Romantic wonder: genetic manipulation

Freeman Dyson was a physics professor at Princeton. A prestigious university in the USA. Dyson is professor emeritus, which gives him all the time in the world to read and write. In the summer of 2009 he reviews Richard Holmes’ The Age of Wonder: How the Romantic Generation Discovered the Beauty and Terror of Science, in The New York Review of Books (Volume LVI, Number 13).

Single culture of poetry and science

The Age of Wonder is the sixty-year period between 1770 and 1830. Richard Holmes demonstrates that English scientists and poets in this Romantic period belonged to one and the same culture: “Many of the poets were intensely interested in science, and many of the scientists in poetry. The scientists and the poets belonged to a single culture and were in many cases personal friends.”

Against Enlightenment, rationalism and science?

A couple of things stand out in Dyson’s review. For instance, he missed the chance to discuss Holmes’ outstanding book in the broader European perspective of the Romantic era. He could have wondered why a historian as Schenk (1) and a publicist as Safranski (2) see the Romantic period as a reaction against the Enlightenment, rationalism and science. And he could have noticed that science and the arts in the USA during that period were at such an undeveloped stage that the Romantic era hardly made any impression (3).

Goethe was an exemplary Romantic scientist

Second, Dyson could have pointed out that Goethe, whom he briefly mentions, as a German Romantic novelist and poet, was also an exemplary scientist. Goethe was not only thoroughly interested in science, he also contributed substantially: “On June 1791 (Goethe) writes to Jacobi about his study of the optics and the science of the colors: ‘For the time being, I am more and more attached to these sciences, and I feel strongly in future I will occupy myself solely with science.’ But he didn’t travel all the way into that direction. He wouldn’t part from the arts and literature, next to physics for him they were the second bastion against the agitated spirit of the times.” (4).

To enrich the ecology of our planet

Although Dyson concludes, that the scientific discoveries in the Romantic era were “… as unexpected and intoxicating as the poems”, Holmes’ The Age of Wonder is about scientists and science, not about poetry. At the end of his review Dyson, dramatically changes his subject. He suggests that the first half of the 21st century can be compared to The Age of Wonder. Biology is the dominant science and the dominant art form should not be poetry but “… the design of genomes to create new varieties of animals and plants.” If his dream comes true “a new generation of artists … might create an abundance of new flowers and fruit and trees and birds to enrich the ecology of our planet. … to make the planet beautiful as well as fertile, hospitable to hummingbirds as well as to humans.” (1).

Genetic manipulation as a Romantic dream?

It’s unclear whether Dyson hopes his romantic dream will come true. Nevertheless, this dream raises some interesting questions. Is the planet not beautiful and fertile as such? Are there not enough varieties of flowers, fruit, trees, and birds? Is the ecology of our planet not rich enough? And if so, how come? If Dyson’s dream will come true, will poetry ever be able to express the beauty of this new planet? Will genetic manipulation enrich our cultural, artistic lives? How unexpected and exciting will this be?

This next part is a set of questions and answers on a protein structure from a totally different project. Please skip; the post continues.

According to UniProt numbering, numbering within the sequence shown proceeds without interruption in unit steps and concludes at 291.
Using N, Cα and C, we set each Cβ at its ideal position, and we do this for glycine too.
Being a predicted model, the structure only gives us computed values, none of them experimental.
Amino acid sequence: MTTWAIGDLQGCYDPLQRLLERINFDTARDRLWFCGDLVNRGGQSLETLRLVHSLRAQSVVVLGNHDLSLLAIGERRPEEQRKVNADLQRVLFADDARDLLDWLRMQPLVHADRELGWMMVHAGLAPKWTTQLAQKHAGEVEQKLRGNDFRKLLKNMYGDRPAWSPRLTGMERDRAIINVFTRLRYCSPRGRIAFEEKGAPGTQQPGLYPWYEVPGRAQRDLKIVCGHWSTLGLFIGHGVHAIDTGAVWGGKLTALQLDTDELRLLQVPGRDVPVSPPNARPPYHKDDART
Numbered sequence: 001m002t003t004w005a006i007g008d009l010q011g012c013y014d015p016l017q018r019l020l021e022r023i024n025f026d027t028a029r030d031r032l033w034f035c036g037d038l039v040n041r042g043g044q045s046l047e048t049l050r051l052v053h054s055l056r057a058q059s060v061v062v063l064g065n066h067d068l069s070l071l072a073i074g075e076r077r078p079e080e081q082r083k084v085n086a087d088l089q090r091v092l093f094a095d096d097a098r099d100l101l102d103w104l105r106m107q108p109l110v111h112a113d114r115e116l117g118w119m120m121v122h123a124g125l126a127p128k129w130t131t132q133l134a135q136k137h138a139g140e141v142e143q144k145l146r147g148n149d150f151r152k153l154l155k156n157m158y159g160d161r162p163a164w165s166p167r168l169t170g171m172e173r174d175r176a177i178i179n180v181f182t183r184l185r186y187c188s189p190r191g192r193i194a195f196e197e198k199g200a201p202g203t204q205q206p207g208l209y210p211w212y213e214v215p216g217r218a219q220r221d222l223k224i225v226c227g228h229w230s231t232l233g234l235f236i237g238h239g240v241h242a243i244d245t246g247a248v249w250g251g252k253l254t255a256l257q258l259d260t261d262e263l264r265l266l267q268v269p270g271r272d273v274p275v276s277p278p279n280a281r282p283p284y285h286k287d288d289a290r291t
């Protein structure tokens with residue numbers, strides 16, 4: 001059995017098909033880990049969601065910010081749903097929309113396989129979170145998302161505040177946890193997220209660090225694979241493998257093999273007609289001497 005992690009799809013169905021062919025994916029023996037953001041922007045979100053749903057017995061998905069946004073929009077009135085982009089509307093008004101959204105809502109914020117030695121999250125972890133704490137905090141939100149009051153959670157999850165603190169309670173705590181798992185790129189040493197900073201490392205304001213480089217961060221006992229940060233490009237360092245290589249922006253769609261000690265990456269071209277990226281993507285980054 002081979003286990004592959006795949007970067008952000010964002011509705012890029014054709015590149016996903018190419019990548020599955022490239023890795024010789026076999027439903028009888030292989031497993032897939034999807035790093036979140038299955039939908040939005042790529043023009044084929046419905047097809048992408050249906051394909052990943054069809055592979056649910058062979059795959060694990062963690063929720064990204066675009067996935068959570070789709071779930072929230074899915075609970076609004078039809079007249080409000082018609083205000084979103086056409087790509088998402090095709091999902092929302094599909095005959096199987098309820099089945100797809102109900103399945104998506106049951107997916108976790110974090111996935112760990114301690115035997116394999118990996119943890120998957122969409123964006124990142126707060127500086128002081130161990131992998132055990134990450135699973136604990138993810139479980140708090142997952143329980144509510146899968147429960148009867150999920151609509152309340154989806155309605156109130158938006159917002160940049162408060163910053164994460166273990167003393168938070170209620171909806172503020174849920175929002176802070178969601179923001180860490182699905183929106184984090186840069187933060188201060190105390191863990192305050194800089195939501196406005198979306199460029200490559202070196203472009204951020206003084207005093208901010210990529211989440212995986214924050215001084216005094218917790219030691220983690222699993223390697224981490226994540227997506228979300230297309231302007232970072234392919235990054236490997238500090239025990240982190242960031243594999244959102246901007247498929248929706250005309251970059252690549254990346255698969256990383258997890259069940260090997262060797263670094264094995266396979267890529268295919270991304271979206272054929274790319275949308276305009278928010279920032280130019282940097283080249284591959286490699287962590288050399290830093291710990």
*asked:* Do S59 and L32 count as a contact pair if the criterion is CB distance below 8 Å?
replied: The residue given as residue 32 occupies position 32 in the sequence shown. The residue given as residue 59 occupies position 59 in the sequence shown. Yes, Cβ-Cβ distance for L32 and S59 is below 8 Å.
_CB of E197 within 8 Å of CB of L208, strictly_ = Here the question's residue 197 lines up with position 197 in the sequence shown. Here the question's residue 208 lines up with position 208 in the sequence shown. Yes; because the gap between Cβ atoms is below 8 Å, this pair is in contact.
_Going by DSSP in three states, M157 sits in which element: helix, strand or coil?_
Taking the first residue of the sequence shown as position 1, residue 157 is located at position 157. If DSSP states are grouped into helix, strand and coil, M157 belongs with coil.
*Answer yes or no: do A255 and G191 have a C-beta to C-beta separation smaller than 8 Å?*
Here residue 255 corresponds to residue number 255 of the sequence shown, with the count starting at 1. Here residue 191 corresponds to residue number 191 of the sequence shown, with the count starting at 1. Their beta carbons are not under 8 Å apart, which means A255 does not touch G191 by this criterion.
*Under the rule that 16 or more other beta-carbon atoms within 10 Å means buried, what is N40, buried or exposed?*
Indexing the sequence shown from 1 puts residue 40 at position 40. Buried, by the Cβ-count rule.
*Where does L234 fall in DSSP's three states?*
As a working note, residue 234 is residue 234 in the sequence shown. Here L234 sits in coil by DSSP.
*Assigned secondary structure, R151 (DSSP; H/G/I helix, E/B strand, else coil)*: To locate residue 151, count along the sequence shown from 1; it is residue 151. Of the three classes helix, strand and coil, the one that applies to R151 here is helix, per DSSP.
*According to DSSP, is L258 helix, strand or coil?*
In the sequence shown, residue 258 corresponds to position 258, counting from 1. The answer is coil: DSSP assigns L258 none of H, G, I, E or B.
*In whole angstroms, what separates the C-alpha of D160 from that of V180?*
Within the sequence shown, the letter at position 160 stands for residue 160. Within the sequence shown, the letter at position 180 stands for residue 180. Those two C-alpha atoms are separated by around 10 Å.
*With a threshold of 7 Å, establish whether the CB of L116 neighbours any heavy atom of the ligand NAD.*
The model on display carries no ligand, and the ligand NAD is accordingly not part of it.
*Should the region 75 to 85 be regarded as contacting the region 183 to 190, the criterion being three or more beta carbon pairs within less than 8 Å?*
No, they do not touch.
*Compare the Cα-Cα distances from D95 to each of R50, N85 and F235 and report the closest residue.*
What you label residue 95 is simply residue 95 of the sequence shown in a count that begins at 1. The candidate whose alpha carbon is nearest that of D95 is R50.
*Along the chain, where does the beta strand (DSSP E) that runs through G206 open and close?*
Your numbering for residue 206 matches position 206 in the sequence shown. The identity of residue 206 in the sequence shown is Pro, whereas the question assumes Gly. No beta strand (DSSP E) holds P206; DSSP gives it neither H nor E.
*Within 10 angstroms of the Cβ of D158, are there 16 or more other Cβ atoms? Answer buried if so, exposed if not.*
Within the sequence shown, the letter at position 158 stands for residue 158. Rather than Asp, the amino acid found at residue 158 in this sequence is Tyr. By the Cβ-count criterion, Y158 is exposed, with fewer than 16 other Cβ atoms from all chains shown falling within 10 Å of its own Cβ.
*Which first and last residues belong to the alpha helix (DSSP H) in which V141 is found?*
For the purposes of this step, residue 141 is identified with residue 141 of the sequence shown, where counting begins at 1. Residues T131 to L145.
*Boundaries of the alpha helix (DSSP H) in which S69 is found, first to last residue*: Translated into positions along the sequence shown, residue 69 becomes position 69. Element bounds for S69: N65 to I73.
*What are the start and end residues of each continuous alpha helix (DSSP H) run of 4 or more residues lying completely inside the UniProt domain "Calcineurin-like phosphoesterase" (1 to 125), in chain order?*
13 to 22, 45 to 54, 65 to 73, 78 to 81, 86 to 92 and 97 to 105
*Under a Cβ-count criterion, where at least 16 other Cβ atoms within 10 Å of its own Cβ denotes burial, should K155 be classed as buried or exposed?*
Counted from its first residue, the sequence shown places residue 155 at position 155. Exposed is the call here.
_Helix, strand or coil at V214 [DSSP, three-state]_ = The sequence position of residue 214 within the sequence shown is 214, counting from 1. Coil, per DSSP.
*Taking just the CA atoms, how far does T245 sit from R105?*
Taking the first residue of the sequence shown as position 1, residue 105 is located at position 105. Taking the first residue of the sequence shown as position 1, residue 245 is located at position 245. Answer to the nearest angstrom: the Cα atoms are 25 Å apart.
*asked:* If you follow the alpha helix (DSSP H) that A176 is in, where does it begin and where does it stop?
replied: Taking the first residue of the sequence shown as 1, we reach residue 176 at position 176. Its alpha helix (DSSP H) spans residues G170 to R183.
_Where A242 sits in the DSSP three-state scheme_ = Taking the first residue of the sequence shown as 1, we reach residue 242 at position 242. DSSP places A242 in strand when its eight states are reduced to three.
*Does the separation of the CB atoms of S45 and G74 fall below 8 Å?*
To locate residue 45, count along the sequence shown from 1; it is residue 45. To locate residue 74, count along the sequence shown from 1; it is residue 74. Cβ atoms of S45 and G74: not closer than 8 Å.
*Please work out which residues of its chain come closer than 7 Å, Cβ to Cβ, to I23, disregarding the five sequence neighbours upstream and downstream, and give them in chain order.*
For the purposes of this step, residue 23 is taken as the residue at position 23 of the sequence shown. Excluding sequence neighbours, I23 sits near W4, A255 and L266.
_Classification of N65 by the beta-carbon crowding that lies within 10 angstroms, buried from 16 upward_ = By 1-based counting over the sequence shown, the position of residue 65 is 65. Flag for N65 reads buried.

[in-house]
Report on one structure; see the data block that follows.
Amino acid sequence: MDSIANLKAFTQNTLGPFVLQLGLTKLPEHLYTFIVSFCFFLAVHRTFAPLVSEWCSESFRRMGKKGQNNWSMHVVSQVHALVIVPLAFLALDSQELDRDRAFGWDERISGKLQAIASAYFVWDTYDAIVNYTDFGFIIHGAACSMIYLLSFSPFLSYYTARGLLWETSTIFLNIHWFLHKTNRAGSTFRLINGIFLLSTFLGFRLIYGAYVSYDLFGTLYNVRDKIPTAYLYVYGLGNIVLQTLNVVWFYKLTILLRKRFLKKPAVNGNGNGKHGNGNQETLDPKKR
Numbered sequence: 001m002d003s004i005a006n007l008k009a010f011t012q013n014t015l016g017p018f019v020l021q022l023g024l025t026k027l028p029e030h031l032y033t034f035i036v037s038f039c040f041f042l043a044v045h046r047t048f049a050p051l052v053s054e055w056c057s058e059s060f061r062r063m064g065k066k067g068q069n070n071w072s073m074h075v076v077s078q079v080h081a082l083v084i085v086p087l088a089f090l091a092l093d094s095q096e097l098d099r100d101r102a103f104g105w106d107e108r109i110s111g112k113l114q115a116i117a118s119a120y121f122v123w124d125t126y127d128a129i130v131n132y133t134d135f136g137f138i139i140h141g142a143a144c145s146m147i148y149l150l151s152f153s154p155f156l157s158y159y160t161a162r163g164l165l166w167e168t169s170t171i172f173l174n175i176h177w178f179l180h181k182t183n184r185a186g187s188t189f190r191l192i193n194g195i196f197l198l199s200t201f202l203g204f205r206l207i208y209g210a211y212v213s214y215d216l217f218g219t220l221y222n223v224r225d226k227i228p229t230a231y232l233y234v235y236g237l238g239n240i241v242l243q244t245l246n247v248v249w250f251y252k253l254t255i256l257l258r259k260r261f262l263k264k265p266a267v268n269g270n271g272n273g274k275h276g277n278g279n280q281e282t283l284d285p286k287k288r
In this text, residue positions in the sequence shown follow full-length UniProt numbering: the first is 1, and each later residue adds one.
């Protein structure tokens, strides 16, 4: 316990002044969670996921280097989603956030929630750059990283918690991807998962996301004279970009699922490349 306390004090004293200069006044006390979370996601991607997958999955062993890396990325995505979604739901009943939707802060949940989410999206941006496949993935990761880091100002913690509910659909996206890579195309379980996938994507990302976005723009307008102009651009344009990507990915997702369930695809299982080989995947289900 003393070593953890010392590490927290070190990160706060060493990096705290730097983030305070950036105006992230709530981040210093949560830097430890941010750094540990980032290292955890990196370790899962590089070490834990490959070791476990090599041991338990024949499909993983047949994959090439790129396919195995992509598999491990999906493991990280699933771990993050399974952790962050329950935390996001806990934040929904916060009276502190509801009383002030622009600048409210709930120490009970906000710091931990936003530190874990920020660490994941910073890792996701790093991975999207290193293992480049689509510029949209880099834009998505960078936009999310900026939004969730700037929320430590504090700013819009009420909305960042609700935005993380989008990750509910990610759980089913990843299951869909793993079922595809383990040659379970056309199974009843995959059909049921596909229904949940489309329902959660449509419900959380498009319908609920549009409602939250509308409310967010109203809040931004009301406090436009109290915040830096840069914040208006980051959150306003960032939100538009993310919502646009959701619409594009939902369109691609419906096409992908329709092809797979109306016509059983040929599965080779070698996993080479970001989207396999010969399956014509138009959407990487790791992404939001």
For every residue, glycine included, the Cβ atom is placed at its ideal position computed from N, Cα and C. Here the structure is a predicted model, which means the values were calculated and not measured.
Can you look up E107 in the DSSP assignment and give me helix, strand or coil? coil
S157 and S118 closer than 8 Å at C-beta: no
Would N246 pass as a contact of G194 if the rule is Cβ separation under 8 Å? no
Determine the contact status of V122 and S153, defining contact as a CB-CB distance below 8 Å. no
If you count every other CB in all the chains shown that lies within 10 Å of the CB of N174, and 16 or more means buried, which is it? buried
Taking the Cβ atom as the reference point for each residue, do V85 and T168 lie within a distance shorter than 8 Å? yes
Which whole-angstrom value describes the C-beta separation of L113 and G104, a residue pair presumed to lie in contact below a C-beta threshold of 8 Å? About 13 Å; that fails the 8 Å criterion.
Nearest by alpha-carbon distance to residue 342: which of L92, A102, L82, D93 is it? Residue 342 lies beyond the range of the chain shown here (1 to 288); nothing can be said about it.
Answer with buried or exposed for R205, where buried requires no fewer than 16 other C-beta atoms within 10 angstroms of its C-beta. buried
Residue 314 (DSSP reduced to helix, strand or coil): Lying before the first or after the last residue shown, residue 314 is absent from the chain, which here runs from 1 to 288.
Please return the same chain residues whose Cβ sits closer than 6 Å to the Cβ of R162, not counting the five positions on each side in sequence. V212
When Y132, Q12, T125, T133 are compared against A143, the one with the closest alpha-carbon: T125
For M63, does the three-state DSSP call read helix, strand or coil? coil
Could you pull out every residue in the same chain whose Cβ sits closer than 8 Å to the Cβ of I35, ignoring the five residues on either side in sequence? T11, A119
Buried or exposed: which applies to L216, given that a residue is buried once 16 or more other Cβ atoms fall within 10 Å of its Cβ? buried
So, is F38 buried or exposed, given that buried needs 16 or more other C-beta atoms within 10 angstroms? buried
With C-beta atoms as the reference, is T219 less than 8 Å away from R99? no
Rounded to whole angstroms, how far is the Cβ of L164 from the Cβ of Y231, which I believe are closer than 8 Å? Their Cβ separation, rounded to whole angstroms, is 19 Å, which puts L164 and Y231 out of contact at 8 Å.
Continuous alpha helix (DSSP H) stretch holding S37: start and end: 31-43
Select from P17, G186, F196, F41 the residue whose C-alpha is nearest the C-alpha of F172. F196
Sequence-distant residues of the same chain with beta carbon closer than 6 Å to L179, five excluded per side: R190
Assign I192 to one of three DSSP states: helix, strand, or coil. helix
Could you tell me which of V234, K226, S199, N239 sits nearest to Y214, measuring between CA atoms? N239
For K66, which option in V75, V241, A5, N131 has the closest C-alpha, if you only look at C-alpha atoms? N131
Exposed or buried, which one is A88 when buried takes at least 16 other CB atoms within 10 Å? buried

Genetic manipulation is a democratic insult

If humans are considered political animals “what may appear to be direct action on biological or geological forces is virtually always mediated by politics.” (5) The framing of the Anthropocene, whether it replaced the Holocene 8.000 years ago or not, clearly establishes human beings as the dominant agents of the new epoch. And this is where Freeman Dyson completely misses the point. Given “… the grossly unequal responsibility for anthropogenic carbon emission among different groups of human agents, as well as the grossly differentiated vulnerability to its worst impacts, both on a domestic scale and internationally” (6), it’s obvious that his dream totally goes of the road, due to a total lack of respect for democratic traditions.


(1) Schenk, H.G. (1966). De geest van de romantiek. Bilthoven: Amboboeken. [Only in Dutch]
(2) Safranski, R. (2009). Romantiek. Een Duitse affaire. Amsterdam: Atlas. [Romanticism: A German Affair]
(3) Hughes, R. (1997). Amerika’s visioenen. Het epos van de Amerikaanse kunst. Amsterdam: Uitgeverij Balans. [American Visions. The Epic History of Art in America]
(4) Safranski (2009).
(5) Lane, M. (2016). Political Theory on Climate Change, in Annual Review of Political Sciences, 19, 107-123: 118.
(6) Lane, M. (2016). Political Theory on Climate Change, in Annual Review of Political Sciences, 19, 107-123: 118.

Leave a Comment

This site uses Akismet to reduce spam. Learn how your comment data is processed.